TOKYO (Reuters) – U.S. President Donald Trump said on Monday he would work with Japanese Prime Minister Shinzo Abe to bring home Japanese citizens who were kidnapped by North Korean agents decades ago.
U.S. President Donald Trump, first lady Melania Trump and Japan’s Prime Minister Shinzo Abe meet with family members of people abducted by North Korea in Tokyo, Japan May 27, 2019. REUTERS/Jonathan Ernst
Trump, on a four-day state visit to Japan, was speaking at a meeting with some of the relatives of people abducted. They were abducted to train North Korean spies, North Korean defectors have said.
Among the relatives Trump spoke to were the mother and brother of Megumi Yokota, who was 13 when she was snatched off a lonely beach on her way home from school and taken to North Korea.
Trump has mentioned Megumi in past speeches, including at the United Nations, and said on Monday the stories of the abductees were very sad.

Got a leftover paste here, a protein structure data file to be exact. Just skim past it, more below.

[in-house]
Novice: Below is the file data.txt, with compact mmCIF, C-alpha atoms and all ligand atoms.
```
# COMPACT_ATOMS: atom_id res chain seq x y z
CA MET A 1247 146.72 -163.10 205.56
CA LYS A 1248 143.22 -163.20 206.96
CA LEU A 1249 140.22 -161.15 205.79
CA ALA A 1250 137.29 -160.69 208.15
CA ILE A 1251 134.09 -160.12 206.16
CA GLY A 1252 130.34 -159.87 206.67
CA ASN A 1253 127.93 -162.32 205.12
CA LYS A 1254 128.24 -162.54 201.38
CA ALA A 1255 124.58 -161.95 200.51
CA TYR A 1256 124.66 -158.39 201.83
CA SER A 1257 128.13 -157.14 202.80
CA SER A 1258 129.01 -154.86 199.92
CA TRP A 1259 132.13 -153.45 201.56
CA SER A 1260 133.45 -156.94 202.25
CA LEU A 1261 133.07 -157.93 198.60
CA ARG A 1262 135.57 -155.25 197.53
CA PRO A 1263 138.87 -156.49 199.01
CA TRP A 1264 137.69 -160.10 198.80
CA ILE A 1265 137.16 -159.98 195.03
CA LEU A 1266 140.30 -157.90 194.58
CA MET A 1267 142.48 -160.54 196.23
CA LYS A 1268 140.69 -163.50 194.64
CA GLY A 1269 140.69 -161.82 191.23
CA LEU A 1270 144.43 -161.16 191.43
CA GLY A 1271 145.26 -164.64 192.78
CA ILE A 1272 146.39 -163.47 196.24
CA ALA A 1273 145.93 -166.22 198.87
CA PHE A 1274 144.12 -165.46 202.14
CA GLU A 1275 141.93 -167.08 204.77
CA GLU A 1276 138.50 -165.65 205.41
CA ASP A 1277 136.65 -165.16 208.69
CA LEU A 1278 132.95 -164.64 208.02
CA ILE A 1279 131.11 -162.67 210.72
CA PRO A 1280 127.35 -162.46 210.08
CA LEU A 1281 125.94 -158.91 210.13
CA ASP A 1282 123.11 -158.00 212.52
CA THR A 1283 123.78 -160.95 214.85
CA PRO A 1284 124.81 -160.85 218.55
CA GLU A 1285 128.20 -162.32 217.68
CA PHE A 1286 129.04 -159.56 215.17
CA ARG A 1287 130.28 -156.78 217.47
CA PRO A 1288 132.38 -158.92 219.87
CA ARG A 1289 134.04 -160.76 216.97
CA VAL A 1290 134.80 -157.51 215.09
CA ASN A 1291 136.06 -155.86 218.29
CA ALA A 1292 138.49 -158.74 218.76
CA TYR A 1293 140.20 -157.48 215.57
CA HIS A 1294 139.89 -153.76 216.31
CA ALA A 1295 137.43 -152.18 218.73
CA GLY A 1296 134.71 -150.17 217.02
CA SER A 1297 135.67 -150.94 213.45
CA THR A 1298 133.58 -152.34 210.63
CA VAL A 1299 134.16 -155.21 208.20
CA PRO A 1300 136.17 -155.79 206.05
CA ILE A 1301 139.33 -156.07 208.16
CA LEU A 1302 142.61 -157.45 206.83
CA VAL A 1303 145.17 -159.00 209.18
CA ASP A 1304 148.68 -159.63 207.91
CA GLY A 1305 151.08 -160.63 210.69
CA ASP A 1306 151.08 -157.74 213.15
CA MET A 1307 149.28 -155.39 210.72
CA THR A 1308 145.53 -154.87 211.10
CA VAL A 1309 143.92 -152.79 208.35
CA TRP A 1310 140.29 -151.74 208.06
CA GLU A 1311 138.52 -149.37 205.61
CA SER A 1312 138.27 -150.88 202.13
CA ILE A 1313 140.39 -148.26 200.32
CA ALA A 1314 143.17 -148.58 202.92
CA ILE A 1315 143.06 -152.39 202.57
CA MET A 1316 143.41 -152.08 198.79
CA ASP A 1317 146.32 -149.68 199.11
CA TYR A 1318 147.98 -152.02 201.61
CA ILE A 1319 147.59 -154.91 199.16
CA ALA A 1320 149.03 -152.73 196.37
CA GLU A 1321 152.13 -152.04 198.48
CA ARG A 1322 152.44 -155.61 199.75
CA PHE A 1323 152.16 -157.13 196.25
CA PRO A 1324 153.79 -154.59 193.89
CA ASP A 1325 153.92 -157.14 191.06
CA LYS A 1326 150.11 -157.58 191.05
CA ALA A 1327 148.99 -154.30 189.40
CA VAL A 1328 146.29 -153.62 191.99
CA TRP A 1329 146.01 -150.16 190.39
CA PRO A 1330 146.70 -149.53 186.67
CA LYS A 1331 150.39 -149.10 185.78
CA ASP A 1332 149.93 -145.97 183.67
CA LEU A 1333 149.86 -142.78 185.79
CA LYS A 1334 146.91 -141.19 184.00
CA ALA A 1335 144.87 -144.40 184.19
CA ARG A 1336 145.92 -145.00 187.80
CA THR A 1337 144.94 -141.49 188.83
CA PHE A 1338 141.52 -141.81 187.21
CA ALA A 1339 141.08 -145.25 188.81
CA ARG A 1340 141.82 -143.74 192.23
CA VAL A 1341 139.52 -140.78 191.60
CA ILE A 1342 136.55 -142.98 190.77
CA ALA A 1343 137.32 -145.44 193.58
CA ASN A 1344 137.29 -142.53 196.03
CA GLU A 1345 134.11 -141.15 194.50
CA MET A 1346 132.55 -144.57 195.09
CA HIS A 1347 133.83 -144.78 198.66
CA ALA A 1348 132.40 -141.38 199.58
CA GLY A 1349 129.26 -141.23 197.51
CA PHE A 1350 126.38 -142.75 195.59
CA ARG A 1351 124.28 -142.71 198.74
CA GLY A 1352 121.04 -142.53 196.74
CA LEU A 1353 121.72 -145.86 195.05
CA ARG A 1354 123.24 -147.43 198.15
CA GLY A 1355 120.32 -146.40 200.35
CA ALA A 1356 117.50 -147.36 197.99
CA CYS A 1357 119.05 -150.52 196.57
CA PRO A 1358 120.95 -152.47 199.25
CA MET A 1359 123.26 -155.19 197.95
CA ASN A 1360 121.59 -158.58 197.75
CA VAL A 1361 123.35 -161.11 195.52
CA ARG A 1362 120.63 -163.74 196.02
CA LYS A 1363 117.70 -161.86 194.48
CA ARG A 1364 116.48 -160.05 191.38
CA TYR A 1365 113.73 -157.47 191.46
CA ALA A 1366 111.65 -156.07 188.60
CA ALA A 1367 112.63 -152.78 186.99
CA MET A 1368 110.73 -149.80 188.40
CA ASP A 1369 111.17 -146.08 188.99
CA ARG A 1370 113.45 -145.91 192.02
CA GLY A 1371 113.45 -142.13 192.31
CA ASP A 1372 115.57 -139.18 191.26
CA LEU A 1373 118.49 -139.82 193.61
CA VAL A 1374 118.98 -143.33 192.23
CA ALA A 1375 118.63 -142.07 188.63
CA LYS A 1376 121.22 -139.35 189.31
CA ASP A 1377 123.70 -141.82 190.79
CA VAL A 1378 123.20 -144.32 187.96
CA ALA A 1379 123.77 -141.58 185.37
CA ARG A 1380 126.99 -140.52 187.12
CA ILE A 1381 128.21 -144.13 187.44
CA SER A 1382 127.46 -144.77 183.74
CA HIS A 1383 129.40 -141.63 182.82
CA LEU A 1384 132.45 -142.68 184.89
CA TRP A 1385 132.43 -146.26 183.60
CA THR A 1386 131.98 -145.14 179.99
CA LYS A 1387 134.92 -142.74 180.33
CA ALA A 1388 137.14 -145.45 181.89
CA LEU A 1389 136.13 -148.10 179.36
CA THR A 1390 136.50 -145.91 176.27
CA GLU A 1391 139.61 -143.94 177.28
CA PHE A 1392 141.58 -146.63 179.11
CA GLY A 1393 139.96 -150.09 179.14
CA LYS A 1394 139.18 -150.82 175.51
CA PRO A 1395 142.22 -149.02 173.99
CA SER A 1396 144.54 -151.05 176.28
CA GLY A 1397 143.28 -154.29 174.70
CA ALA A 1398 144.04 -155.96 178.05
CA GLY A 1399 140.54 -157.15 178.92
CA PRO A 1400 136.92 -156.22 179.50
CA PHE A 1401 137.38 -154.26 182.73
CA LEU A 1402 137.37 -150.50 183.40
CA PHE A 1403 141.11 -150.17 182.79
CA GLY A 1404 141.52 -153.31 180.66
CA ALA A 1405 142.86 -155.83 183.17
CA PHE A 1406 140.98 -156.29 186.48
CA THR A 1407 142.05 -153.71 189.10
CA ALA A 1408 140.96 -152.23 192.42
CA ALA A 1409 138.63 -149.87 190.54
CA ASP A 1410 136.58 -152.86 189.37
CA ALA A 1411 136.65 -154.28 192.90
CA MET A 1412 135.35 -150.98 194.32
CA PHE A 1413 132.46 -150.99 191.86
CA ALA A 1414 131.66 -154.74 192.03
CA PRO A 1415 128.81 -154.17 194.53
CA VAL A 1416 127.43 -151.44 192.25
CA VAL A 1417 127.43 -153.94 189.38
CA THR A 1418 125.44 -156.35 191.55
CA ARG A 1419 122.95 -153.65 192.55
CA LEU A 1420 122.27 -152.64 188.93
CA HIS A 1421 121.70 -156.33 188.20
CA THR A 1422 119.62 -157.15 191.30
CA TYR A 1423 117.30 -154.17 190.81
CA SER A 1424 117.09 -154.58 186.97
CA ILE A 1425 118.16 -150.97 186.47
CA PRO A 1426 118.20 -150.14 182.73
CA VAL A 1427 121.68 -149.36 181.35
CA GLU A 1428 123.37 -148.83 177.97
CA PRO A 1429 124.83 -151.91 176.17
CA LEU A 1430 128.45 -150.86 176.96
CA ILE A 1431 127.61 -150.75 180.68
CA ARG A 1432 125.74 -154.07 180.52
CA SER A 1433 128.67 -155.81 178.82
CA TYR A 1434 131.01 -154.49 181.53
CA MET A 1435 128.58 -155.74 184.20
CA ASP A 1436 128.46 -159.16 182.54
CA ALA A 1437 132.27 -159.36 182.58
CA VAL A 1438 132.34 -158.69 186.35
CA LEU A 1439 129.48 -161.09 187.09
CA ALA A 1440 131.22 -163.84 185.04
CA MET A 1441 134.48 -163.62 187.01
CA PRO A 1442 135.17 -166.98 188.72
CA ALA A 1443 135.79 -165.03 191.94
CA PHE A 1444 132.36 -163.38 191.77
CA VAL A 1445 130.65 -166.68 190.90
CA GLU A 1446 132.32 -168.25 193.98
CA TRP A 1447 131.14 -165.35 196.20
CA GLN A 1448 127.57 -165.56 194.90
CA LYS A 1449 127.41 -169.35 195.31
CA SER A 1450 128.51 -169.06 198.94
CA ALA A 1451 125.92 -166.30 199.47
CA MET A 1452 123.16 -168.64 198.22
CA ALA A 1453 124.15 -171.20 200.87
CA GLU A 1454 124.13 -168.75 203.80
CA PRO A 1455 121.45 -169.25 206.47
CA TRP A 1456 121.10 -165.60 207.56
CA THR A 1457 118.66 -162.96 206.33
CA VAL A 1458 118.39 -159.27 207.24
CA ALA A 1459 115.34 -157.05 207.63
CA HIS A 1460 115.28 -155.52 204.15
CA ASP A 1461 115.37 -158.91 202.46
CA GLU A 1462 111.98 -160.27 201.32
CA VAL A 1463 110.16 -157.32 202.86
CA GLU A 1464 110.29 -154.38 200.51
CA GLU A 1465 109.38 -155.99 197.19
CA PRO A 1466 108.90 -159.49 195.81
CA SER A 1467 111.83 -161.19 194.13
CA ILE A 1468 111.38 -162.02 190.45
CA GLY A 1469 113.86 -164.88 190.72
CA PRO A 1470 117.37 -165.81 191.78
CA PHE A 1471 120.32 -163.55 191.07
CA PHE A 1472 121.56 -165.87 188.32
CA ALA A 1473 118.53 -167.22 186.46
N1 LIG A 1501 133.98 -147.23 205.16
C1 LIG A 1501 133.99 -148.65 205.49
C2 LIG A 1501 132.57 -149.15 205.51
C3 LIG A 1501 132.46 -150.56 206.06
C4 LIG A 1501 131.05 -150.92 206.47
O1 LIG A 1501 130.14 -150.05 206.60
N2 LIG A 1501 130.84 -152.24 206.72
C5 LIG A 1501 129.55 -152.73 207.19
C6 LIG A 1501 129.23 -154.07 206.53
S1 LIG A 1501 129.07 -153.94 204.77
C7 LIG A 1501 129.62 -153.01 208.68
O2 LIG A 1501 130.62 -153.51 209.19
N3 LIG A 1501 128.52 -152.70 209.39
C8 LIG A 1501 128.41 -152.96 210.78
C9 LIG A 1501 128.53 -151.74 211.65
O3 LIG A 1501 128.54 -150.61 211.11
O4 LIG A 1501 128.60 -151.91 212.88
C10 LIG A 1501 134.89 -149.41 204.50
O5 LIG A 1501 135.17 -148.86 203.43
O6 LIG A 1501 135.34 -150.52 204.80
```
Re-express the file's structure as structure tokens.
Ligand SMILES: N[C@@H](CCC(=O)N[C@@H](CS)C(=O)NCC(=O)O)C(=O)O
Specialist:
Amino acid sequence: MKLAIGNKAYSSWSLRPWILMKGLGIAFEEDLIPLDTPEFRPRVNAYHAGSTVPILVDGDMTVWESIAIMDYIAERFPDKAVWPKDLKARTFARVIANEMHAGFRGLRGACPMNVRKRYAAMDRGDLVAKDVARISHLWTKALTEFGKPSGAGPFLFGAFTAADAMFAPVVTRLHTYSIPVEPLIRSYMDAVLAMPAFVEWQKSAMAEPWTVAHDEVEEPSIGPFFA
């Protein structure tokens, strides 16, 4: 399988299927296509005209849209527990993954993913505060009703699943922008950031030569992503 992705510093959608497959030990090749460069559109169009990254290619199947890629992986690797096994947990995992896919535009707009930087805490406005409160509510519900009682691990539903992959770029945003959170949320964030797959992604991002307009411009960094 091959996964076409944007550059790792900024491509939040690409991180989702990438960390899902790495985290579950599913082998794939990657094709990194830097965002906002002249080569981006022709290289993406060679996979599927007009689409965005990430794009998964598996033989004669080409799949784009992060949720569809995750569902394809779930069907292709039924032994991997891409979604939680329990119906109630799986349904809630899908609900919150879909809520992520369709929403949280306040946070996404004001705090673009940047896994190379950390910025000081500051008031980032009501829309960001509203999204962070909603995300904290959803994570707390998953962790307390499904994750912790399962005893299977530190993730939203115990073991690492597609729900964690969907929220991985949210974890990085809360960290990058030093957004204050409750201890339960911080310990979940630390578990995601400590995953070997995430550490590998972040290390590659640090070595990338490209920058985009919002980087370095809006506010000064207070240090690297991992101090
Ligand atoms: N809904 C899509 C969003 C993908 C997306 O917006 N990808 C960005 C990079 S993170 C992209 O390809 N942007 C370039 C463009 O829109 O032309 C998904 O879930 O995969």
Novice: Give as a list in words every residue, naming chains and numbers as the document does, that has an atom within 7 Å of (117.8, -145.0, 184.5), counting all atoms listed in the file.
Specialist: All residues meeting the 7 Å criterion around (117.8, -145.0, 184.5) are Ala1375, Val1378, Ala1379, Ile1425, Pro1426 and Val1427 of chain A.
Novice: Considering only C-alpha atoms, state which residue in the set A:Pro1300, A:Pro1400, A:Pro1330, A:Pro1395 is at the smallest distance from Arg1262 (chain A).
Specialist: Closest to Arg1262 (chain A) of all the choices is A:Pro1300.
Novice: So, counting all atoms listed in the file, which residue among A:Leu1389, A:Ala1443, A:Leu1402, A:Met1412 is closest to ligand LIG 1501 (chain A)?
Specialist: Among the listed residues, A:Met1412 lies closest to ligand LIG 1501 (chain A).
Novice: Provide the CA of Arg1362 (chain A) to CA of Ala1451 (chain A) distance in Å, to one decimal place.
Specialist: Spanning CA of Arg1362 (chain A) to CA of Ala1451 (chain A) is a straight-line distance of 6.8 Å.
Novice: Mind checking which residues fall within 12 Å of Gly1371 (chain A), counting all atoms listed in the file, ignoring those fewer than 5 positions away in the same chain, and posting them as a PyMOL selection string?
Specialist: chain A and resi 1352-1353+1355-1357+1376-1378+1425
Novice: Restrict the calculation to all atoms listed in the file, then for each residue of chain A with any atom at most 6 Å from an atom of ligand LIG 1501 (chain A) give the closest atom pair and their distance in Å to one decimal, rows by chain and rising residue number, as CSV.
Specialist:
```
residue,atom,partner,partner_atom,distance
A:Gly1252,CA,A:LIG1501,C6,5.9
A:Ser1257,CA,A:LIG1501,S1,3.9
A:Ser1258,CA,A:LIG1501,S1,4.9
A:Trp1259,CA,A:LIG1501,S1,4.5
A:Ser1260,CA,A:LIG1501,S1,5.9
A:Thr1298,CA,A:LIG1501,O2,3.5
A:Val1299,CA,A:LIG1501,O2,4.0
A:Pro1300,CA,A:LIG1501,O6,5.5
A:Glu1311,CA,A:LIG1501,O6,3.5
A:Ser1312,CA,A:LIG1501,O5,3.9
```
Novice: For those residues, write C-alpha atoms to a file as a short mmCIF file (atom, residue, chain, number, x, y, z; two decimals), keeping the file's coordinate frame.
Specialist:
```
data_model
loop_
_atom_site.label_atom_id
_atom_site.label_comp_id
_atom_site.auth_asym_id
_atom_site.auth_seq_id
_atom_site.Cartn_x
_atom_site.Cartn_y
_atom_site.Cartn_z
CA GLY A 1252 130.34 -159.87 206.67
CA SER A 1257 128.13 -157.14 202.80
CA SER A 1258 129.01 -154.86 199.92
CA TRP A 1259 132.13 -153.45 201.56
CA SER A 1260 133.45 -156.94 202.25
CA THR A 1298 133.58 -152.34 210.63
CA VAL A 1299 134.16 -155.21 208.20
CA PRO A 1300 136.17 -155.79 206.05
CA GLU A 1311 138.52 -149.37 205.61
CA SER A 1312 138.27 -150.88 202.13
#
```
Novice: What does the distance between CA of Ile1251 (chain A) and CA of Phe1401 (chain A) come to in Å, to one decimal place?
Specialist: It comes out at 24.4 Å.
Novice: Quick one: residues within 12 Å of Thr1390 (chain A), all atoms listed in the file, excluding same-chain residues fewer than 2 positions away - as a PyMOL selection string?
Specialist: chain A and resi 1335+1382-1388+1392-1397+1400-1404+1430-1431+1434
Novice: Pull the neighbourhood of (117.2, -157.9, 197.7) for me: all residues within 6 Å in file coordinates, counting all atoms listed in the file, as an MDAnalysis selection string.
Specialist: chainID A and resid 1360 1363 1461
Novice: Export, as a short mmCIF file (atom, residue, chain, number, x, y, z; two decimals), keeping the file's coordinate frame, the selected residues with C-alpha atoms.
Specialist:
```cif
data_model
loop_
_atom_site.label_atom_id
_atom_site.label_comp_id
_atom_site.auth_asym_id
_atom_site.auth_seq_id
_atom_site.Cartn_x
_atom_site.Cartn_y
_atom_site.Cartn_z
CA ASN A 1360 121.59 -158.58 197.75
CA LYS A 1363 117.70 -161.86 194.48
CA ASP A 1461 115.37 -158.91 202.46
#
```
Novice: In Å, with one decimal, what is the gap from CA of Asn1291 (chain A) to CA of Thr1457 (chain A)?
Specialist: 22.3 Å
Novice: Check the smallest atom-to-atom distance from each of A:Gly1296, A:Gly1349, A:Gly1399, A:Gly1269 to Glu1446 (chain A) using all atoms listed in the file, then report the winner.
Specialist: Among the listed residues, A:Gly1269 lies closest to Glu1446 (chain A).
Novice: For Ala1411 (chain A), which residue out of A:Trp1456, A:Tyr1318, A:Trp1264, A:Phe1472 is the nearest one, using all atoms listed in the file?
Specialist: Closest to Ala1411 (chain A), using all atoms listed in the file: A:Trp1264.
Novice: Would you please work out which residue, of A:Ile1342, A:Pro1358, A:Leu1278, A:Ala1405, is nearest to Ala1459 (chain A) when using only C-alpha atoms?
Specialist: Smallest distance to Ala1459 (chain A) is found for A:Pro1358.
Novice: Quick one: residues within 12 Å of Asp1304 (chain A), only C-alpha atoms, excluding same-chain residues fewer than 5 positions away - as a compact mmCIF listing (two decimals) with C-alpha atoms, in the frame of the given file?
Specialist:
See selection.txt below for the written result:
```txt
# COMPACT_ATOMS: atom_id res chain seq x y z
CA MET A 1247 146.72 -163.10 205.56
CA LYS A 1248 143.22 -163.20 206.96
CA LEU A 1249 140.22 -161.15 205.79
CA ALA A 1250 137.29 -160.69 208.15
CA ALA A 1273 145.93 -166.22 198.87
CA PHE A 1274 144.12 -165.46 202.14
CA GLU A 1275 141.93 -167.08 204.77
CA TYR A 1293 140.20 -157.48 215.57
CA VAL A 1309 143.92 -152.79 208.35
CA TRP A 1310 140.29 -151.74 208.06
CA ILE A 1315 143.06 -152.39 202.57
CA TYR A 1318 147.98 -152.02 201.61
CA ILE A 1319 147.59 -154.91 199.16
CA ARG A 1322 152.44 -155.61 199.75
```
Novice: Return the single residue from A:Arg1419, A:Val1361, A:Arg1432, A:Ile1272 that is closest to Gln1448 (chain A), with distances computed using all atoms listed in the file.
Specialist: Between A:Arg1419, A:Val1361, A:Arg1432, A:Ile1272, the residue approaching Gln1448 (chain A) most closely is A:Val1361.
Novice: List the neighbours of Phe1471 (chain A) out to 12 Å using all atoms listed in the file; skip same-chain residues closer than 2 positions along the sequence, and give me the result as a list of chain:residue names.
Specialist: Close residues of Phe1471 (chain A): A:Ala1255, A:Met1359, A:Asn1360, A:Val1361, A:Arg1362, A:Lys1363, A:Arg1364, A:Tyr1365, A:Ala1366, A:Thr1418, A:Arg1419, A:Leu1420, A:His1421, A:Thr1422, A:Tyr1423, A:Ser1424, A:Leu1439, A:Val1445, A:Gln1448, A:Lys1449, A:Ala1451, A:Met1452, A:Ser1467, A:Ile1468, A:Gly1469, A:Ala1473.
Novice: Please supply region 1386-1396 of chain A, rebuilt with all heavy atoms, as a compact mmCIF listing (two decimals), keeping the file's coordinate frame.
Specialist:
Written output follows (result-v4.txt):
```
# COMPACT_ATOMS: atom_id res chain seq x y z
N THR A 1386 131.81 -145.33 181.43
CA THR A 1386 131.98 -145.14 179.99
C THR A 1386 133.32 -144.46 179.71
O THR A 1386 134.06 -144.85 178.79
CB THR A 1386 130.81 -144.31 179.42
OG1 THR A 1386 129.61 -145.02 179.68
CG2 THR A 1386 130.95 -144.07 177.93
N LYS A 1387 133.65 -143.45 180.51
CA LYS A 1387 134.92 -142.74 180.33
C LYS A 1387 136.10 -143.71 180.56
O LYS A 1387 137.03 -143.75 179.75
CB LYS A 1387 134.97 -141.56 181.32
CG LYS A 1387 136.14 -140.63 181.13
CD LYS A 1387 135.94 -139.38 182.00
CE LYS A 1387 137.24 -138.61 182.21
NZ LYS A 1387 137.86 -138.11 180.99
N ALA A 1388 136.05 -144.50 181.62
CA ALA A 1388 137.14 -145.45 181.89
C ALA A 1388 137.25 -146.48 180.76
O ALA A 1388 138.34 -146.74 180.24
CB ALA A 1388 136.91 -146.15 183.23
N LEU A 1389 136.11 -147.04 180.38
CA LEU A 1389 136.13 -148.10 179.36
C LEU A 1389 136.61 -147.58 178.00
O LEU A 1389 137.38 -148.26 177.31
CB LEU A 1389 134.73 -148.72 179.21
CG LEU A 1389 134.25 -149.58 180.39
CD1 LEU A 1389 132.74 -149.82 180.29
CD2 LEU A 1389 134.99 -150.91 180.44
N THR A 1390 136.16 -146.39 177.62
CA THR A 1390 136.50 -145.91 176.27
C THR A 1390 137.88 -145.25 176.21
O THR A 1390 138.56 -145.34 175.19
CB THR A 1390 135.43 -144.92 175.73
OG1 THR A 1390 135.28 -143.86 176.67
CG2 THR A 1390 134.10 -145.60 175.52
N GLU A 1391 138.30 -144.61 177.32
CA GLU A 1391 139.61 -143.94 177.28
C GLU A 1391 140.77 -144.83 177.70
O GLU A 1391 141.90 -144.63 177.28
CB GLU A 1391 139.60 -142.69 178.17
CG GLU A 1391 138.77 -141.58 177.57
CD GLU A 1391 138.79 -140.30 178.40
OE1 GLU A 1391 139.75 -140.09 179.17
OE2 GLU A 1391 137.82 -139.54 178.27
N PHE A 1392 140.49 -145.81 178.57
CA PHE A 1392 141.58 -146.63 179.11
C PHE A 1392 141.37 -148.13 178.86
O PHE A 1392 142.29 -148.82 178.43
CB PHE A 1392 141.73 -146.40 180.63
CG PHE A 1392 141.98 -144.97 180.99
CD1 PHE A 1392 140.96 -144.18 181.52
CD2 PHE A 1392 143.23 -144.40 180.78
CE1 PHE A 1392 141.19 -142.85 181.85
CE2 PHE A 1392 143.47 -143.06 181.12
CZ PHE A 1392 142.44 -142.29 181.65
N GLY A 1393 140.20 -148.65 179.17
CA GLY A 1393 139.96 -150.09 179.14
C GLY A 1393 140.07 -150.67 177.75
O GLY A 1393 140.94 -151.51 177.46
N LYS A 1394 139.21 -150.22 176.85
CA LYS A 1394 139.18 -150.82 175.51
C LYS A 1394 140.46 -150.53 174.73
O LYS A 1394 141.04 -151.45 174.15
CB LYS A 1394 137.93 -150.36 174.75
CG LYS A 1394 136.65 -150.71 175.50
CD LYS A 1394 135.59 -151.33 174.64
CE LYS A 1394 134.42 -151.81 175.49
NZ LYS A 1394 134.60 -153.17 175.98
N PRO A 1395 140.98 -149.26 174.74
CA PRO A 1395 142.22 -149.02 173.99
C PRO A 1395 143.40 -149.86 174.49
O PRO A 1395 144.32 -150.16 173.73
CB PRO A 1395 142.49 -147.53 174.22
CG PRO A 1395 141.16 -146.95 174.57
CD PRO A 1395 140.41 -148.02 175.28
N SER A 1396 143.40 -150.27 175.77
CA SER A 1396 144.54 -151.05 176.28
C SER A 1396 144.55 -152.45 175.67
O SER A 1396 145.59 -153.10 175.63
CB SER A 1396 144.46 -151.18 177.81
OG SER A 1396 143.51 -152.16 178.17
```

Megumi’s mother, Sakie Yokota, 83, expressed gratitude to Trump for spending time with them. He met them in late 2017 on a previous trip to Japan.
Since then, Trump has met North Korean leader Kim Jong Un twice, most recently in Vietnam in February.
“We have started to see some tangible progress in things,” Yokota said.
Koichiro Iizuka, who was a toddler abandoned in a creche when his mother was abducted, also offered his thanks but said the families also wanted results.
“We’d like to have our family members come back as soon as possible,” he said.
In 2002, North Korea admitted its agents had kidnapped 13 Japanese decades before. Japan says 17 of its citizens were abducted, five of whom were repatriated. North Korea has said eight are dead and that another four never entered the country.
Abe has vowed not to rest until all the abductees come home and sought Trump’s help on the issue.
Abe recently said he was ready to meet Kim without conditions, a shift from his long-held position of insisting on progress on the abductions before a summit could take place.
No date for a meeting between Abe and Kim has been set.
Reporting by Linda Sieg and Elaine Lies; Editing by Robert Birsel